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My Back Hurts, Should I Be Exercising?


Low back pain is the most prevalent musculoskeletal phenomenon in the world. Statistically 80% of individuals will have an episode of low back pain within their lifetime. Low back pain alongside neck pain have been shown to be the top two conditions for overall healthcare cost. Think about that for a second. We spend more money annually treating low back pain than cancer. I say all of this to make the point that low back pain is a HUGE problem.

You could fill thousands of blog posts with low back pain treatments, but today I want to focus on a different question. For individuals with chronic low back pain, should you be exercising?


I want to clarify a few things before I get in too deep. If you have an acute low back injury, or back pain associated with symptoms into your leg/thigh you should be evaluated by a musculoskeletal healthcare provider. There are certainly things and certainly exercises that can make your symptoms worse. This is why you need to be professionally assessed if your pain is acute, severe, or radiating into your leg. For the sake of this blog, I am referring to chronic generalized low back pain. I’m referring to the co-worker or spouse that is always complaining about their back aching or squirming in their seat in the car because they can’t get comfortable. I’m talking about the family member that’s been complaining about their “bad back” at Christmas for the last 10 years. This blog is focused on them.


The common sentiment in our society is that rest fixes everything. My back hurts, therefore, I’m going to rest and “take it easy” for a while. This is how the majority of individuals think about pain and recovery.

Ironically, research focused around low back pain paints a very different story.


According to updated research released from the Journal of Sports Physical Therapy in 2021, there is grade A evidence for multimodal exercise and trunk and muscular strengthening for chronic LBP and chronic back pain with generalized pain. The specifics are quite eye opening. The JOSPT found that across multiple modes of exercise (resistance, aerobic, general, yoga, moderate to high intensity, low intensity, etc…) outcomes were significantly improved at 1 year from those not involved in structured exercise. Another interesting fact was that there was not a single incidence of harm from exercise across the multiple studies. The primary reason many people give up exercising is because of back pain and fear of hurting themselves. The primary reason many people have continued back pain, is because they gave up exercising. The research is clear in that exercise is not something to be feared but instead a potent and scientifically validated tool for decreasing back pain.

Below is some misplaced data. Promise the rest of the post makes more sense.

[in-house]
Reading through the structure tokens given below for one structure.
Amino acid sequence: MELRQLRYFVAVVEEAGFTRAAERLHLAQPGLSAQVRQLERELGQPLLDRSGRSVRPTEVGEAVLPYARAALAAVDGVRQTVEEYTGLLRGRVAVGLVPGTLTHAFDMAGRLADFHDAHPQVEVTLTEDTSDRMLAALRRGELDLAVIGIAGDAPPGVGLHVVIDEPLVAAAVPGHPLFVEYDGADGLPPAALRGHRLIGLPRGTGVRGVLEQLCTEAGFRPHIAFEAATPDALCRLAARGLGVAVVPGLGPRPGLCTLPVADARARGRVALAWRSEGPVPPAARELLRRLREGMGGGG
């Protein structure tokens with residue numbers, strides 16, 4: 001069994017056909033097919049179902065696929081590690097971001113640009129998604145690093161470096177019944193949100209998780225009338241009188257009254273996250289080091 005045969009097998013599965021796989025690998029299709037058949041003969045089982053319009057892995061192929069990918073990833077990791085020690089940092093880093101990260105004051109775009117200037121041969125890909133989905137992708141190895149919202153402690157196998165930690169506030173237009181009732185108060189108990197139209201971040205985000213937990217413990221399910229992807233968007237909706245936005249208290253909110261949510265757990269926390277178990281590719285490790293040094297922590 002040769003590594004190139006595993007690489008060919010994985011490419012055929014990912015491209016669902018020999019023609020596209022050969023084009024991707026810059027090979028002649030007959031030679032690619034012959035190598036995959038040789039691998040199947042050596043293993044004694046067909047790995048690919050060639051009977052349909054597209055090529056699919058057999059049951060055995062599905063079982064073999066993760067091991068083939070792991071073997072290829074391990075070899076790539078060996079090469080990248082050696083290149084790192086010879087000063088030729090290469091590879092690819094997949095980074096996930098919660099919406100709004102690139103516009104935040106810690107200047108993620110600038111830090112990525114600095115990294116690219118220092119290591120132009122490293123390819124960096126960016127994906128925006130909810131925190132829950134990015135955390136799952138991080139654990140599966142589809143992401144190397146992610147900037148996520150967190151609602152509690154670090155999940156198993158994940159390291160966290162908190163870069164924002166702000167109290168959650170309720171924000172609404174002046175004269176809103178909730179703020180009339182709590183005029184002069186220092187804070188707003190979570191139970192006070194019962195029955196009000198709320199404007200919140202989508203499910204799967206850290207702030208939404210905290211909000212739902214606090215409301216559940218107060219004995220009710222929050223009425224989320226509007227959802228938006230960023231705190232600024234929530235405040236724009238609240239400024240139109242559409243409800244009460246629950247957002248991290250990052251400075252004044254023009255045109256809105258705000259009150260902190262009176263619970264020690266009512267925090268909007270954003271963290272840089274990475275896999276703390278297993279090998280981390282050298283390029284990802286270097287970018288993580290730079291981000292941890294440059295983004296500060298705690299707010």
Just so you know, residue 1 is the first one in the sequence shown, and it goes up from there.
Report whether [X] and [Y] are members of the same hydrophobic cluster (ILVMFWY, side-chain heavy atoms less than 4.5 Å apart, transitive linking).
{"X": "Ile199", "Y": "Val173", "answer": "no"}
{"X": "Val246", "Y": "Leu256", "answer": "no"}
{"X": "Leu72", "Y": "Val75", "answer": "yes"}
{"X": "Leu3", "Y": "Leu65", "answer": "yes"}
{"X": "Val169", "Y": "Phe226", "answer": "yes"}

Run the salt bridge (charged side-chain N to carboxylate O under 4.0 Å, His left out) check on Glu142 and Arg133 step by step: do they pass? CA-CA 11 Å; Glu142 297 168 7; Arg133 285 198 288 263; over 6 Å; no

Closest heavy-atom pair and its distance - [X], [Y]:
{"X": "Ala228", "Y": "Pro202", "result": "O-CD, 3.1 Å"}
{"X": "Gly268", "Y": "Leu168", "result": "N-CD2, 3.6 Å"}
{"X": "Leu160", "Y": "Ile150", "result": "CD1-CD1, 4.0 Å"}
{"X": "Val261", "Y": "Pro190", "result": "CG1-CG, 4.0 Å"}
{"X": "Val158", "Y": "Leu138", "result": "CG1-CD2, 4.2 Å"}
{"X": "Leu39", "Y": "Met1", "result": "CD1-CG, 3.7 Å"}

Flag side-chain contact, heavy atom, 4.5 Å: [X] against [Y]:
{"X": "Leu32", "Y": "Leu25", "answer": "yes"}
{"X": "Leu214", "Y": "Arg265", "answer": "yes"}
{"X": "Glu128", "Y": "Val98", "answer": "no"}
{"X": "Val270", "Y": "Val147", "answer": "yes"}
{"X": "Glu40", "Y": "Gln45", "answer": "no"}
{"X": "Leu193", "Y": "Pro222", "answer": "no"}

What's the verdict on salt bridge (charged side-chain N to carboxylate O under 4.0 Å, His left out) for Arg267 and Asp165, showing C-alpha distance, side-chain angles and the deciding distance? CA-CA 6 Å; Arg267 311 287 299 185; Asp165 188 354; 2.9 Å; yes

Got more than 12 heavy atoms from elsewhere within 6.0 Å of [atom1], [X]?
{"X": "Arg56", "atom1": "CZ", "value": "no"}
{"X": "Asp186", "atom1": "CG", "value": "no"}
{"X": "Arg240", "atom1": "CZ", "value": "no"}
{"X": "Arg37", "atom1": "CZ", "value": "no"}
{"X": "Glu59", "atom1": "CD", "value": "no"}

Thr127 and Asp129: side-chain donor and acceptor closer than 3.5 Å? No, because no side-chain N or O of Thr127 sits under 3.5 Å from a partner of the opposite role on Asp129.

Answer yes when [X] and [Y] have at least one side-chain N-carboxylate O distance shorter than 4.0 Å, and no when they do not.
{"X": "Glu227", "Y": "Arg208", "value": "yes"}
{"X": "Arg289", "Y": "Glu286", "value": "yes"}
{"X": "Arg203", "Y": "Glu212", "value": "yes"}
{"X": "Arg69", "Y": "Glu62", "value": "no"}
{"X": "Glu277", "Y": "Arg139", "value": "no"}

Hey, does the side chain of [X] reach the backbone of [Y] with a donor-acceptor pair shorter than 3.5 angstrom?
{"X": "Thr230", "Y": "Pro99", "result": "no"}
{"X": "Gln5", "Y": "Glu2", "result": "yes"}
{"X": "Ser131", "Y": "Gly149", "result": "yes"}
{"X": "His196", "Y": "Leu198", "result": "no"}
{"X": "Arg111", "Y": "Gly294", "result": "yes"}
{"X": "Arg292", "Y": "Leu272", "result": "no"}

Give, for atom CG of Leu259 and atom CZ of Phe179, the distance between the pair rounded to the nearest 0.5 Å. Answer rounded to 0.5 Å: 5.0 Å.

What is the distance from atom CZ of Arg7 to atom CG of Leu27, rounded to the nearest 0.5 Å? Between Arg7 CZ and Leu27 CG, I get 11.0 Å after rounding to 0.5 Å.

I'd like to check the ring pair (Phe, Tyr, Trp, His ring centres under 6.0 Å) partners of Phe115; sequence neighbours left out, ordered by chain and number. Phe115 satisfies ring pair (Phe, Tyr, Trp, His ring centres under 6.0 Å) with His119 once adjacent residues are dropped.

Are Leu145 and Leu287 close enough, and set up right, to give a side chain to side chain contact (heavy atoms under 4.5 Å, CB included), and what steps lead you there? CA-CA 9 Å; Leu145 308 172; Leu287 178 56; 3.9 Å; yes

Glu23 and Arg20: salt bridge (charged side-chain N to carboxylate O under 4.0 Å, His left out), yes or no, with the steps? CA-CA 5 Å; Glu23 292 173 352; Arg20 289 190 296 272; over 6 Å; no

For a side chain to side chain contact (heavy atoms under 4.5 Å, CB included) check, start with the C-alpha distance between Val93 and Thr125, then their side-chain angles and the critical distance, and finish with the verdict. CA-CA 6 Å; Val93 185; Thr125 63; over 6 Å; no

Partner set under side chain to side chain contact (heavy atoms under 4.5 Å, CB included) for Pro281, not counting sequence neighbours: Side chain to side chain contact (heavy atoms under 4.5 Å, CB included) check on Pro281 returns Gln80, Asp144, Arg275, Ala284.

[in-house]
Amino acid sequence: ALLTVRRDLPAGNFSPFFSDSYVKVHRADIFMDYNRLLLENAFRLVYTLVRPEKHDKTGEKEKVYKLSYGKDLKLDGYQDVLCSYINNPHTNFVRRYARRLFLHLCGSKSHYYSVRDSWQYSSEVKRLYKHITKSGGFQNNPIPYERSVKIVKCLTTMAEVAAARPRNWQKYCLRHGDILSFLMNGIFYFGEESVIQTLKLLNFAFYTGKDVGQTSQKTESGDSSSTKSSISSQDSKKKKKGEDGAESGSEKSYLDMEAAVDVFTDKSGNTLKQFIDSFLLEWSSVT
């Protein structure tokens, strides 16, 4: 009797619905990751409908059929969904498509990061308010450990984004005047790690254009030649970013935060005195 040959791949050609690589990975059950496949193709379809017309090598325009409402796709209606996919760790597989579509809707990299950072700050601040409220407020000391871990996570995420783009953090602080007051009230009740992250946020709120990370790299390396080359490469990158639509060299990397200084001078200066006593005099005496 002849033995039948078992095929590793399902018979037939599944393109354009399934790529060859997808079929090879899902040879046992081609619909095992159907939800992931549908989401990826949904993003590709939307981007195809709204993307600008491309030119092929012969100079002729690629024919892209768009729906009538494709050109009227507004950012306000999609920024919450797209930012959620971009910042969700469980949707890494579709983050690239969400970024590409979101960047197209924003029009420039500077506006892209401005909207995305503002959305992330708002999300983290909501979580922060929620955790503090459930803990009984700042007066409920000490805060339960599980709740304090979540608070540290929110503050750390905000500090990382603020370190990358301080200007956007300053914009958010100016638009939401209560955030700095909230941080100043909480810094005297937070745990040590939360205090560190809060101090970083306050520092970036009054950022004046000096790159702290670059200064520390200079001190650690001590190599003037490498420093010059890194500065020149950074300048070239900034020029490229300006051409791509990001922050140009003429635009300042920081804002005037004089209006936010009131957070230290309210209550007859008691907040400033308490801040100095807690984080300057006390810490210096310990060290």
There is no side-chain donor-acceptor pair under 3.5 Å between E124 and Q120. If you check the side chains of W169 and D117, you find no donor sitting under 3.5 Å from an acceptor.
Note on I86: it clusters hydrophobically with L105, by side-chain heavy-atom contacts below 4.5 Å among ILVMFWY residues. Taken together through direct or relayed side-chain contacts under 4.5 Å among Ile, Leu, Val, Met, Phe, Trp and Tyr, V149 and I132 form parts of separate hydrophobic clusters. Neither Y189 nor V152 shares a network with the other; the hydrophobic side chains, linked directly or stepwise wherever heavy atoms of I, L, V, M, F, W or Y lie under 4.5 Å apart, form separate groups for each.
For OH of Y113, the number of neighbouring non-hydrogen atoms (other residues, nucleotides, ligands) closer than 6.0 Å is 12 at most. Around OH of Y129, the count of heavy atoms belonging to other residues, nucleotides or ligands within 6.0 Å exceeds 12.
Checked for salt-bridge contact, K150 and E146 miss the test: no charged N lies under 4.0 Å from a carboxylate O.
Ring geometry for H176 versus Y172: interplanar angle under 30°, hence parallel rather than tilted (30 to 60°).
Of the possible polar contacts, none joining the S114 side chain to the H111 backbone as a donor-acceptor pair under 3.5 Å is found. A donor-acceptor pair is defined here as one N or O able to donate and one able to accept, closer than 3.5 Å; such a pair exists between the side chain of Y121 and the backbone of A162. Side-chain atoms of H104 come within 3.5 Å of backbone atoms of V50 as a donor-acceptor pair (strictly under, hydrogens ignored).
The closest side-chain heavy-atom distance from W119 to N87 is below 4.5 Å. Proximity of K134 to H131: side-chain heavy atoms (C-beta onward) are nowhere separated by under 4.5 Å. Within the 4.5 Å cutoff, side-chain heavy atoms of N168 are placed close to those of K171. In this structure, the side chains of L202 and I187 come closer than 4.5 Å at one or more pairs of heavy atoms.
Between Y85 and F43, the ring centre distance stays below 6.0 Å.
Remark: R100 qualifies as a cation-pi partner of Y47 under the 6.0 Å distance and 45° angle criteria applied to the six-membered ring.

A couple more interesting derivations from current research.

1: You need accountability.

2: Moderate-high intensity exercise is not the enemy.


One particular study found that individuals that participated in a multidisciplinary team approach had less pain at 3 and 6 months than those who exercised alone. Long term outcomes (>2 years) were similar, however individuals with a team around them had a quicker reduction in pain. Accountability matters and patients with low back pain need to find their support team. This could include healthcare providers, coaches, trainers, friends, family, or anyone willing to support you in your pursuit of fitness. Another takeaway is that moderate-high intensity exercise has its place for those with LBP. HIIT training can be a good tool for those with chronic LBP, while lower intensity endurance exercise may be more beneficial for those with chronic generalized pain (multiple sites). The idea that high intensity exercise or endurance training is “bad for you back” is scientifically unfounded. It’s ok to get your heart rate up and get after it!


The conclusion is simple. If you have chronic low back pain, the worst thing you can do is nothing. Exercise of various intensities and types have been tied to decreasing pain and improving outcomes. Find an activity or exercise type that you enjoy and stick with it. Build a team of friends/coaches/healthcare providers to encourage you and help you along the way. You’ll thank yourself when you get there.


Stay kinetic friends.



 


References:


Stevens, G.Z, Fritz, J., Silfies S., et el. Interventions for the Management of Acute and Chronic Low Back Pain: Revision 2021. Journal of Orthopaedic & Sports Physical Therapy (2021). Published Online:October 31, 2021Volume51Issue11PagesCPG1-CPG60.



 

Dr. Levi Kerby is a physical therapist, orthopedic certified specialist, and owner of Kinetic Performance and Rehab in Winston-Salem, NC. He enjoys fly fishing, guitar, various forms of fitness, and treating active and motivated individuals.


If you're dealing with an injury or pain, you can contact Kinetic Performance and Rehab directly below.






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